Despite the lack of cases and evidence, some in the concussion research field have stated children shouldn’t play tackle football until high school. Some people are even calling for the end of youth football all together.
They have bolstered their opinion with a paper published in 2015 concluding former NFL players who began playing tackle football before the age of 12 were more likely to experience long-term neurocognitive problems. However, a more recent study of retired NFL players published last year by a different group at Vanderbilt University found no association between age of first exposure to football and subsequent adverse neurological outcomes.
Other research groups have not found a significant link between playing high school football and an increased risk of later-in-life cognitive deficits.
Two separate papers from the Mayo Clinic failed to show an increase in dementia among former high school football players as compared to other athletes and non-athletes who attended high school between 1946-1956. Another study, released in late August, also failed to show cognitive deficits in former Wisconsin high school football players from the 1950’s.
People may argue that football was different in the 40s and 50s and that today’s players are stronger, faster and hit harder. But one also has to consider that football was more violent back then, with little attention to safety. Certainly the equipment provided less protection.
Football is a sport in crisis, and it is so, at least in part, because the sensationalized media coverage is causing a false impression of the strength and validity of the CTE science. The news is terrifying athletes at all levels. Every time an athlete forgets their keys or has a headache, they’re scared it’s CTE.
The story of former NHL player Todd Ewen is a sad example of how this fear has resulted in tragedy. Todd suffered depression which he believed to be the result of CTE and was untreatable. Sadly, he committed suicide. Even before an autopsy could be performed, the verdict was in: CTE was the culprit. However, the subsequent autopsy failed to detect any sign if CTE.
The fear of CTE can affect on-field performance, as well. I spoke with one NFL player last year who said after our talk, “You mean it’s not 100 percent I will get CTE?” I told him no. I was informed later that he felt relieved and his on-field performance thereafter improved significantly.
Concussions are not unique to football; they are seen in hockey, rugby, soccer, water polo and even synchronized swimming. By focusing so much attention on football, other athletes who may be at risk are slipping through the cracks, including girls. Current data suggest in sports in which both boys and girls participate (such as soccer and basketball), girls have twice as many concussions as boys. No one knows why.
The surprising gender discrepancy and the lack of adequate representation of athletes from other sports in the current research makes me wonder if the debate is more about an aversion to football than it is about concussions.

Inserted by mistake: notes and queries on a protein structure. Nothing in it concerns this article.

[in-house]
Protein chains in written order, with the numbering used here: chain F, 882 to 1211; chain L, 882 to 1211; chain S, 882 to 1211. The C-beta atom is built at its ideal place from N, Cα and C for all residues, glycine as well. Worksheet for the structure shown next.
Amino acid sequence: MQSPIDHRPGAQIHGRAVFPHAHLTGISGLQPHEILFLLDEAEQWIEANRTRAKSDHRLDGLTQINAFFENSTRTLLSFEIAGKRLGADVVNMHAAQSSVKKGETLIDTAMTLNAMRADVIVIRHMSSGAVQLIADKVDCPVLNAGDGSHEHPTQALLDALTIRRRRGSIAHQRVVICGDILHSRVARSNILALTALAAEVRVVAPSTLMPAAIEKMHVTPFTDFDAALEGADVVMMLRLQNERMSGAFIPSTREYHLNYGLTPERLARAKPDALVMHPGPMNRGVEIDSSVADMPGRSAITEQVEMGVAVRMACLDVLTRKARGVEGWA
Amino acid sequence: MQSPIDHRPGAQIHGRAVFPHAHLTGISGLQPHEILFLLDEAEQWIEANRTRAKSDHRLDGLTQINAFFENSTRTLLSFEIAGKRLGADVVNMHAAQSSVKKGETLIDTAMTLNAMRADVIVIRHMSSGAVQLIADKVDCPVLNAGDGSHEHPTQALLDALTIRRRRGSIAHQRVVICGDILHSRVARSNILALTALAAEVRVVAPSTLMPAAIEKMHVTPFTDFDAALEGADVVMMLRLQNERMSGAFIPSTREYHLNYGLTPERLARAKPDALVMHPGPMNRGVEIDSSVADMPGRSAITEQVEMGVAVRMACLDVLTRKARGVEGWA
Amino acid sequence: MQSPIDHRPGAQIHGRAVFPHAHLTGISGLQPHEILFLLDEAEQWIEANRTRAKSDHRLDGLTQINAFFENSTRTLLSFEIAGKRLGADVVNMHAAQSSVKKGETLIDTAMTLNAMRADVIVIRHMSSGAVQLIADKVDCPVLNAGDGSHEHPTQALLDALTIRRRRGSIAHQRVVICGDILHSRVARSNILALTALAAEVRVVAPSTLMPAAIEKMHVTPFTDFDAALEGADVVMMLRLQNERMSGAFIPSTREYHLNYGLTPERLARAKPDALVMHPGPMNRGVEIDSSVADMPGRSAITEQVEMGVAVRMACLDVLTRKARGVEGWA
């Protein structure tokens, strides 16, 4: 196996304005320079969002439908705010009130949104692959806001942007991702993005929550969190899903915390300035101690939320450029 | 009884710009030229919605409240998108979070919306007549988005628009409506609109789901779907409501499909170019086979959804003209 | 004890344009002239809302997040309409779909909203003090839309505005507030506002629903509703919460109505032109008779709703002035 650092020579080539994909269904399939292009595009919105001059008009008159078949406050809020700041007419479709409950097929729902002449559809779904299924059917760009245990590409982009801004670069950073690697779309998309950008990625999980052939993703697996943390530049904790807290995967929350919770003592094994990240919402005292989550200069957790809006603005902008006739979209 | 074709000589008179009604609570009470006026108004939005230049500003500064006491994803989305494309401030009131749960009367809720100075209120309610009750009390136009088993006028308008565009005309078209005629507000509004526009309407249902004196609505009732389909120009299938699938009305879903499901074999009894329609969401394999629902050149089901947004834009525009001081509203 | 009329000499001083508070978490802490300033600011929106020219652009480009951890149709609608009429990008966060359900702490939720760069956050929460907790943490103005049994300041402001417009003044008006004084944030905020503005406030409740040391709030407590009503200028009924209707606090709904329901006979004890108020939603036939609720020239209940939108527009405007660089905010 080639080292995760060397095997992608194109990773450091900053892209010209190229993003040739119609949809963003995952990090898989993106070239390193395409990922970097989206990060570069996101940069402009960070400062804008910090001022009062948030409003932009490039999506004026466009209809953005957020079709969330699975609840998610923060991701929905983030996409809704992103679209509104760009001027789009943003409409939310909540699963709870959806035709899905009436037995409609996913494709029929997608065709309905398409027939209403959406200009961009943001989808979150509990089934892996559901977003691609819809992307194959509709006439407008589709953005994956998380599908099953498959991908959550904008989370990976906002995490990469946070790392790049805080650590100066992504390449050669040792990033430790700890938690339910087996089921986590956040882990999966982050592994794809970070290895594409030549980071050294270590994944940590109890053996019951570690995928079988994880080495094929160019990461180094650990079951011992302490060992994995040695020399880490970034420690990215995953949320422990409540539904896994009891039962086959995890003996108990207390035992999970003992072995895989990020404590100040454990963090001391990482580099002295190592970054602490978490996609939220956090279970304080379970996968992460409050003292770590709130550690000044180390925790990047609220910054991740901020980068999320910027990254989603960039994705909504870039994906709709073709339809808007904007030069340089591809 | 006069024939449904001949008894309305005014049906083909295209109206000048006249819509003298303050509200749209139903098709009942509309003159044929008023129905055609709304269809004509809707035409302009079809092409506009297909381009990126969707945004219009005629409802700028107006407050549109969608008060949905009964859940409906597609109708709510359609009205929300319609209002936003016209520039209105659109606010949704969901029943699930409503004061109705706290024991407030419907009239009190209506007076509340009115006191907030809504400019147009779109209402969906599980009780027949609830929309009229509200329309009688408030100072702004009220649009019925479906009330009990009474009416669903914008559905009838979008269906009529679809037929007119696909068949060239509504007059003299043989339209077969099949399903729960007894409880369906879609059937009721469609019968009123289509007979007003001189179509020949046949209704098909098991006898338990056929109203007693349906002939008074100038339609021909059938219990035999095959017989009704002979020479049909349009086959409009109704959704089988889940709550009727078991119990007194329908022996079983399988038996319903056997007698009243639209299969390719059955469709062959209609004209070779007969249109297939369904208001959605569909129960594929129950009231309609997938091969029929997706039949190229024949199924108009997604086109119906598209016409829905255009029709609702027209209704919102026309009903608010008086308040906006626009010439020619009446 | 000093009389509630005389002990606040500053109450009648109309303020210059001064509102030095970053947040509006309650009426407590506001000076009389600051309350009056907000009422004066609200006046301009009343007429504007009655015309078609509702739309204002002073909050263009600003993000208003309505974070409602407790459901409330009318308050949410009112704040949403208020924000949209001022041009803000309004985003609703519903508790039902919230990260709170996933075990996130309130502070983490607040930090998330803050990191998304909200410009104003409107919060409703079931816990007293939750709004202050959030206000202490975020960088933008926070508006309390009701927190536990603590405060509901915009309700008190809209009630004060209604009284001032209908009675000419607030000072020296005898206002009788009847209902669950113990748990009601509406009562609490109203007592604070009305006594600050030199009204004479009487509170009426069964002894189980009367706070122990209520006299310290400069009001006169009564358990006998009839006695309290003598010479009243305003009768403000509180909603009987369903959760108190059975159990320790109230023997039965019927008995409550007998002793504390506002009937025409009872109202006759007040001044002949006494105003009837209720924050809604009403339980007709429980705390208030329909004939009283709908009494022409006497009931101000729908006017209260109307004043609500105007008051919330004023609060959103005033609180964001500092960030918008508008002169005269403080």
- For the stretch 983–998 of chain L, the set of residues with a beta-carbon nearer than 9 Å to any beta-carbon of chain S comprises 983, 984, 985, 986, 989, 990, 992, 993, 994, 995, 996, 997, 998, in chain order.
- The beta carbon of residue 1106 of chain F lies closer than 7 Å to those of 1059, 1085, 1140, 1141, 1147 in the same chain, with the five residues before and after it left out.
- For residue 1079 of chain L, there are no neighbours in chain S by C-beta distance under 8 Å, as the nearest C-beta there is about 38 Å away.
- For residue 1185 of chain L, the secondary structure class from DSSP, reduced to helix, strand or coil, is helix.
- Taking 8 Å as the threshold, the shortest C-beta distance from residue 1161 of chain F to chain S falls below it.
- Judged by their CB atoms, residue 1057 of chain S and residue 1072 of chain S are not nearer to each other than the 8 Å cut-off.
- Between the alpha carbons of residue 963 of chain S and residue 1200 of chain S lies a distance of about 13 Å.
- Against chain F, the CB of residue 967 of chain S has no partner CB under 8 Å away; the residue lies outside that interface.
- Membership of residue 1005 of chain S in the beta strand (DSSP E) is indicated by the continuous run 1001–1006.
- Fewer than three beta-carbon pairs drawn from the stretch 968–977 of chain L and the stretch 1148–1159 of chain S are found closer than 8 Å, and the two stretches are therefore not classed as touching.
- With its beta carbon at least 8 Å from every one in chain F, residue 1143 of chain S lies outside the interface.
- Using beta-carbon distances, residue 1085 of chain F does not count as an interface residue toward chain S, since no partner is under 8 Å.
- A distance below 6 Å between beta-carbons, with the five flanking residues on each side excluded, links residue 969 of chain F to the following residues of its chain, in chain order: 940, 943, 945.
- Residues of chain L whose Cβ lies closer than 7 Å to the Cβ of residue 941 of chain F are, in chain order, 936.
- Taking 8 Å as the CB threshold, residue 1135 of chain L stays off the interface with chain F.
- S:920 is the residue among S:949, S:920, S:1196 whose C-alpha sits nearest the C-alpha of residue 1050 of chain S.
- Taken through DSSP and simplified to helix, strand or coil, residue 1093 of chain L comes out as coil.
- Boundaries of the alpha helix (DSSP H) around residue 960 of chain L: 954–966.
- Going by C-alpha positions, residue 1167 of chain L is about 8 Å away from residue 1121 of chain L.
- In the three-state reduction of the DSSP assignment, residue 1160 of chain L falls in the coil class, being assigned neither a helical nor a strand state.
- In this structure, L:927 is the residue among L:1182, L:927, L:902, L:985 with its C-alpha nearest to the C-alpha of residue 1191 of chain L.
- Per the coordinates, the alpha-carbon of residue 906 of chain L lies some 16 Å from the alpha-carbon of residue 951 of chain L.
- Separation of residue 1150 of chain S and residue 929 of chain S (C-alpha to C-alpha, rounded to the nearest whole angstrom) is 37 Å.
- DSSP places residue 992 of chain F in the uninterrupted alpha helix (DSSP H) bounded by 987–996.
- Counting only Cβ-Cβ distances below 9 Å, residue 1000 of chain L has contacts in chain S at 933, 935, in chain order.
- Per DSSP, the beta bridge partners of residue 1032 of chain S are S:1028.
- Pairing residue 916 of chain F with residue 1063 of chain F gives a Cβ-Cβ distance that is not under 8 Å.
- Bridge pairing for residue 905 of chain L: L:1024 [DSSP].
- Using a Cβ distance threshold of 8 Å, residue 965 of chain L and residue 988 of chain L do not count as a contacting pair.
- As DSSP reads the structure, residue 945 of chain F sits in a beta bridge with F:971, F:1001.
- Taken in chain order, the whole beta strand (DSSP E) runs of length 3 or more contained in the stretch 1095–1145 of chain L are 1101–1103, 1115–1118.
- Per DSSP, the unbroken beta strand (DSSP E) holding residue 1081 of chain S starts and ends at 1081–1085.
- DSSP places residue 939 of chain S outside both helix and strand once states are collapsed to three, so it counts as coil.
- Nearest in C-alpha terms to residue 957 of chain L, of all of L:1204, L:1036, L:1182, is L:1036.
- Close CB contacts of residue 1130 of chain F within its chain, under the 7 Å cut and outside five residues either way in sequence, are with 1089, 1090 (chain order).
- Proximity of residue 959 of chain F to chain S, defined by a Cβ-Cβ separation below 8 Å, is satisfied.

Many of the news stories give the impression football has done nothing to protect players and the sport has been sitting idly while waiting for more proof. But, football has responded proactively to the perceived concussion crisis by implementing innumerable rule changes to promote player safety.
Unfortunately, a lot of people are unaware of these changes. A recent poll by the University of Massachusetts Lowell reported that 46 percent of parents had no idea what their youth sports organizations or school athletic directors were doing to promote safety in their respective sports. This knowledge gap probably exist to some degree because rules changes aren’t sexy news.
I am not paid from a grant studying CTE; I have no association with the NFL. I have one motivating factor: my son. I whole-heartedly support the ongoing CTE research. Although I have no affiliation with any CTE research labs, I have directed the families of deceased athletes to CTE studies. I also directed a friend of mine, who is a female rugby player with post-concussion issues, to a CTE study. I decided to coach so I could stay informed about the constantly evolving rules changes in football. I made the decision to allow my son to play football after long deliberation over all the facts. To suggest this decision is child abuse is preposterous. I am a forensic pathologist, a neuropathologist, and a dad, and I let my son play football. That should speak volumes.
[Editor’s Note: Yahoo Sports reached out to Boston University to offer Dr. Ann McKee, director of the Boston University CTE Center, a platform to reply to the points specifically raised in this op-ed. Boston University did not provide an answer.]
Dr. Peter Cummings is board certified by that American of Pathology in anatomic pathology, forensic pathology and neuropathology. He is an Assistant Professor of Anatomy and Neurobiology at Boston University School of Medicine. He has been recognized as a medical expert by courts of 24 States and six different countries. He is the author of two forensic pathology textbooks. He lives outside of Boston with his wife, son and dog.